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Effect of Temperature on Corrosion
The effect of Temperature on Corrosion
In general, corrosion rates increase with increasing temperature. In seawater, this increase is much less than the doubling of reaction rates with each 18°F rise in temperature that would be expected if the reactions were under diffusion control as are many other chemical reactions.
For many materials, such as steels, where the oxygen content of the water directly affects the corrosion rate, the effect of temperature is minimal as in situations where the corrosion rate would be increased by increased temperature, the solubility of oxygen is decreased with increasing temperatures and the two effects counteract each other. Steels and copper alloys are particularly insensitive to temperature effects in normal marine immersion.
For other alloys that depend on a passive film for their corrosion resistance, the effects of temperature can be more pronounced.
At elevated temperatures the solubility oxygen required for repairing protective oxide films found on many passive materials is reduced and the reactions that cause the films to break down are enhanced by the increased temperatures.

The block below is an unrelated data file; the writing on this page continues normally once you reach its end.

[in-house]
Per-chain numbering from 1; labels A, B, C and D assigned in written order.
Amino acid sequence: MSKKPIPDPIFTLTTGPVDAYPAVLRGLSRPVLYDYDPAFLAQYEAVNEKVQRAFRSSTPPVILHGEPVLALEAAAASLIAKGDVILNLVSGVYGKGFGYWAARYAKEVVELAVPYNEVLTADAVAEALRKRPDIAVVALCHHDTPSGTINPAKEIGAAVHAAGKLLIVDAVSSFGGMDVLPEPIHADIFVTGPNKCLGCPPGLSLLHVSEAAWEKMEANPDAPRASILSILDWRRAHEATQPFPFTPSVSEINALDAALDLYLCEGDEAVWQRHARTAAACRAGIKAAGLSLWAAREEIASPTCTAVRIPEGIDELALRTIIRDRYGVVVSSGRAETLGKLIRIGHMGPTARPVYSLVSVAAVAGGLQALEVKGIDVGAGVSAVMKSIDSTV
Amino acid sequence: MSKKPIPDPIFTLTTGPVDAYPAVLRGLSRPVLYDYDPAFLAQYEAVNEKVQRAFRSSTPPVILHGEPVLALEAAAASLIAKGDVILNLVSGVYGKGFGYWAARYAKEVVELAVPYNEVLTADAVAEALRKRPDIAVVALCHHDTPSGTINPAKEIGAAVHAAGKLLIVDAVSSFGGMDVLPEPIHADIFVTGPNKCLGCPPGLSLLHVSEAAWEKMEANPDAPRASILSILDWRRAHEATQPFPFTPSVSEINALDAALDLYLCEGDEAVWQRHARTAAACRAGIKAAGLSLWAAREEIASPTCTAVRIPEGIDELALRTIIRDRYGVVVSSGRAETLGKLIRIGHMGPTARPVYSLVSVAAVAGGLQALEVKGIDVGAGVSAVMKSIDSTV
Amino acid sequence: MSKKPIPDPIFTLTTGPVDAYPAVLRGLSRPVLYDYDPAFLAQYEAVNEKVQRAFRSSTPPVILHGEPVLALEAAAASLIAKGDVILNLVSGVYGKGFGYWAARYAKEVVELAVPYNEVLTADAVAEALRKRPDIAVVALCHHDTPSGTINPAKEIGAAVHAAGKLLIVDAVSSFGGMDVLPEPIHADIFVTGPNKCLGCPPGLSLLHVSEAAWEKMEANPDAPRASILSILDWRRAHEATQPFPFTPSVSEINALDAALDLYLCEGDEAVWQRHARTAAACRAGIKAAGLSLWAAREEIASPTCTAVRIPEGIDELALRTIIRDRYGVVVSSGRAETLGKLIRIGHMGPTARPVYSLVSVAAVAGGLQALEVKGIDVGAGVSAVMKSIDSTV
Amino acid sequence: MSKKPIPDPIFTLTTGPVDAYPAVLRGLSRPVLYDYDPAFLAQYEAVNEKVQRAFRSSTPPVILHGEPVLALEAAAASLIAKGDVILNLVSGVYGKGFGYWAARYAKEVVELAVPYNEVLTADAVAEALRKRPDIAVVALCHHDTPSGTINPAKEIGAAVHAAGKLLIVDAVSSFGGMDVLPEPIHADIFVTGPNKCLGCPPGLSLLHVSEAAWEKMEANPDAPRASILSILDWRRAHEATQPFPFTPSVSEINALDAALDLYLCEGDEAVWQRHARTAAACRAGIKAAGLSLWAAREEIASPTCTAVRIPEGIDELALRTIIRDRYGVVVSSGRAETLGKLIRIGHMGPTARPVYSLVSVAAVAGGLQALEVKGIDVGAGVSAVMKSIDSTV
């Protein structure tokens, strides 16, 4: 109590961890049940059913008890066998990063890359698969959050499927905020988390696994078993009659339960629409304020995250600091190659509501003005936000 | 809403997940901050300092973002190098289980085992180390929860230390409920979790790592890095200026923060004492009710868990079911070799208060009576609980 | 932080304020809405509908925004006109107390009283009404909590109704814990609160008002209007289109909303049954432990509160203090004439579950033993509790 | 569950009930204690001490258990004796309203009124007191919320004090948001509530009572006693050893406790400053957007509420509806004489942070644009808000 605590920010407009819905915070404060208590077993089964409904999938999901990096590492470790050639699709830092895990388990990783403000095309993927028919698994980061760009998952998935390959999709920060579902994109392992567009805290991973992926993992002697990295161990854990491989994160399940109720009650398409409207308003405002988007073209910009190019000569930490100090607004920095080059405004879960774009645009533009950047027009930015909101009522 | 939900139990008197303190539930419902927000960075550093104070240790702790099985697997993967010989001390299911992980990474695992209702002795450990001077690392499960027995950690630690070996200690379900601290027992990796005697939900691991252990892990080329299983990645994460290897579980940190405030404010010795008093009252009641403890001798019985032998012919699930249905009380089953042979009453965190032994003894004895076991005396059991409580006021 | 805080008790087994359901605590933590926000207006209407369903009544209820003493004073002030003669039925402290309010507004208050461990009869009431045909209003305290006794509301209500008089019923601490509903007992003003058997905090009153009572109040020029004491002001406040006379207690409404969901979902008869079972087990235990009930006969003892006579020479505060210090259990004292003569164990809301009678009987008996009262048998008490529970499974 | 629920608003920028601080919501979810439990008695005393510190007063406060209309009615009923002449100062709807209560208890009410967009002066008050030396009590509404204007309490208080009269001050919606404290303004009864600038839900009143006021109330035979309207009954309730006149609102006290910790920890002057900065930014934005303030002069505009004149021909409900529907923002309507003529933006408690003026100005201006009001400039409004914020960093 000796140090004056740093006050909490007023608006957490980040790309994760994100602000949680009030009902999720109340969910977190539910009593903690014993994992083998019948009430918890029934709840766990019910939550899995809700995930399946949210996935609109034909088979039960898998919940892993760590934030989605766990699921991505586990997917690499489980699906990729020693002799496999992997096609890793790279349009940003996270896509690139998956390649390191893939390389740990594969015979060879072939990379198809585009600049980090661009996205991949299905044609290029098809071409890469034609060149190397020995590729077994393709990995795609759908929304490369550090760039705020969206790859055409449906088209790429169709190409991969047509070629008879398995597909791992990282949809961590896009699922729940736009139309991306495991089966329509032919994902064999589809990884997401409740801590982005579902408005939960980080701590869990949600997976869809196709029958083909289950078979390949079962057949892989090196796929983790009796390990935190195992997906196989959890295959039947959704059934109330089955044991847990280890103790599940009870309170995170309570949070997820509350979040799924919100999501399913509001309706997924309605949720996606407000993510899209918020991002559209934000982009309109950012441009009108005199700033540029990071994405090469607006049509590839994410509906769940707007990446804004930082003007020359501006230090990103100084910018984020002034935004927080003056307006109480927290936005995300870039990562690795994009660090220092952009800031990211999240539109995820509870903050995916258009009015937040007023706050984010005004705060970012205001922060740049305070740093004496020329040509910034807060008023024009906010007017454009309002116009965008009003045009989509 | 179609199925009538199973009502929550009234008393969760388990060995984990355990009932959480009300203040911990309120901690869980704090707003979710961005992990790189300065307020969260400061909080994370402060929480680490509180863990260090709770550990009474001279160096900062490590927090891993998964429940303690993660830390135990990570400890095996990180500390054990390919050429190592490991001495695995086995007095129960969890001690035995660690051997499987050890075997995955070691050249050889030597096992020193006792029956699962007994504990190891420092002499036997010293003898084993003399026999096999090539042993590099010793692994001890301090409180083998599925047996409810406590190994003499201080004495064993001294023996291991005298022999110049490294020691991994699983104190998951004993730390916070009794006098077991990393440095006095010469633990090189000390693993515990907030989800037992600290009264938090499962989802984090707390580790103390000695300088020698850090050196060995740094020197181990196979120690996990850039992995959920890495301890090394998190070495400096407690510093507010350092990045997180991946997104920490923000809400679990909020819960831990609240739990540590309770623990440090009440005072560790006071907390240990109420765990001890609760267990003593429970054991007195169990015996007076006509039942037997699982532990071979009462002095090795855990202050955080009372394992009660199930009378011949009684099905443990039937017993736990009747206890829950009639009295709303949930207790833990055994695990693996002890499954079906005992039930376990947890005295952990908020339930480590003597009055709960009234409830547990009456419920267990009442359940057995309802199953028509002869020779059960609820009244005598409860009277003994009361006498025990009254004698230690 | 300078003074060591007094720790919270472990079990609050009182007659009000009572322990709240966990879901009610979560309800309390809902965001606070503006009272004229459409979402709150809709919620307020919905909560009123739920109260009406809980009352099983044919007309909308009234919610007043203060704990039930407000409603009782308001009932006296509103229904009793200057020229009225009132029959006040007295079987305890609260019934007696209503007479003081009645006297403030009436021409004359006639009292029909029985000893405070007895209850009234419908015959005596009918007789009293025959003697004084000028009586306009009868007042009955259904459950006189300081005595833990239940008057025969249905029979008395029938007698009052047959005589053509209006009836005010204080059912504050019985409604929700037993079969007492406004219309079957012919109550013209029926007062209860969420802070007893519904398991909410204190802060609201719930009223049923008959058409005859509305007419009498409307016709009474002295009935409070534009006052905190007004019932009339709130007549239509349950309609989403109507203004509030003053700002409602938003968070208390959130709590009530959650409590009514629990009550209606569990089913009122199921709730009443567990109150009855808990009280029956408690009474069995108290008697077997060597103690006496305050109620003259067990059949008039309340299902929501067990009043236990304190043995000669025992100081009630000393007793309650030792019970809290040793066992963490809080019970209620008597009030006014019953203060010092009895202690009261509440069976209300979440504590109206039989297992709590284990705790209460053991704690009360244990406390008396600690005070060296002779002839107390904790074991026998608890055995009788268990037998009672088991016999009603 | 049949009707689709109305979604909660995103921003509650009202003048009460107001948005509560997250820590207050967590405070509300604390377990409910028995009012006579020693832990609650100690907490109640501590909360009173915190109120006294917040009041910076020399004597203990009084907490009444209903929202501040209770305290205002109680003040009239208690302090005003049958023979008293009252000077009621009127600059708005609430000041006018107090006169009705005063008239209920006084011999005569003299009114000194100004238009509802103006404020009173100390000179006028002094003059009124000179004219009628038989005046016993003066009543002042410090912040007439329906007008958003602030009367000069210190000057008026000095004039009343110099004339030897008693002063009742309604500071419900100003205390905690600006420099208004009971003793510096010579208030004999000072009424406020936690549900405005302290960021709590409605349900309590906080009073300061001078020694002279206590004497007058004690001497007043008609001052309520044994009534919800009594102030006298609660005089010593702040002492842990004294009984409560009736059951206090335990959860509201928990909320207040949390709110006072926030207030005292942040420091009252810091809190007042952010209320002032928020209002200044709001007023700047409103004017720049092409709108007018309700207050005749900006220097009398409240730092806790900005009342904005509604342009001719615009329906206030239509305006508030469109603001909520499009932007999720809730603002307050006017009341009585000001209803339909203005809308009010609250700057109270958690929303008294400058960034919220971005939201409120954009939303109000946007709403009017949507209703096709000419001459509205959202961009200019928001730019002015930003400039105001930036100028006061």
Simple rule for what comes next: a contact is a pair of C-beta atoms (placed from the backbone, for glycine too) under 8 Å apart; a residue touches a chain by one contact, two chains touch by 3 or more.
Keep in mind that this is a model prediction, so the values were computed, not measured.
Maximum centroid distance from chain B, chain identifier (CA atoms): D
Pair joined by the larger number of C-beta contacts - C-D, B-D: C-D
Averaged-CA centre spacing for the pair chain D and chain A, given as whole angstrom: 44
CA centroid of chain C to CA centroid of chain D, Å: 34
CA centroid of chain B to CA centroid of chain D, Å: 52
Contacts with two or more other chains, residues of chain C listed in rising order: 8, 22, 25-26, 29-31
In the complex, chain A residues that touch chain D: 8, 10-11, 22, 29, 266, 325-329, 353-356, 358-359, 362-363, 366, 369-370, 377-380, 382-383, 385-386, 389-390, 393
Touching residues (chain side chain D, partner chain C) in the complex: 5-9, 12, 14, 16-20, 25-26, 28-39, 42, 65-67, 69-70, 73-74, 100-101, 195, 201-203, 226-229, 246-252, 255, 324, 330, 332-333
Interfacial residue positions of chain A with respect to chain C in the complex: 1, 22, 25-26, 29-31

Many stainless steels have what is essentially a “critical pitting temperature” in seawater that is in the range of temperatures experienced in natural seawater. In cold waters they do not pit but in warmer waters they are susceptible.
Source: "Corrosion Control" NAVFAC MO-307 september 1992
Effect of Temperature on Corrosion in Seawater
For most chemical reactions, the reaction rate increases with increasing temperature. Temperature affects the corrosion rate of metals in electrolytes primari through its effect on factors which control the diffusion rate of oxygen.
The corrosion of iron and steel is an example of this because temperature affects the corrosion rate by virtue of its effect on the oxygen solubility and oxygen diffusion coefficient.
As temperature increases the diffusion coefficient of oxygen also increases which tends to increase the corrosion rate.
However as temperature is increased oxygen solubility in aqueous solutions decreases until at the boiling point all oxygen is removed; this figtor tends to decrease the corrosion rate.
The net affect fo mild steel, is that the corrosion rate approximately doubles for a temperature rise of 30°C up to a maximum temperature at about 80°C, the rate then falls off in an open system because the decreall in oxyben solubility becomes the most important factor.
In a closed system, where oxygen cannot escape the corrosion rate continues to increase indefinitely with temperature until all the oxygen is consumed.
source: THE EFFECT OF ENVIRONMENT ON THE CORROSION OF METALS IN SEA WATER- -A LITEATURE SURVEY
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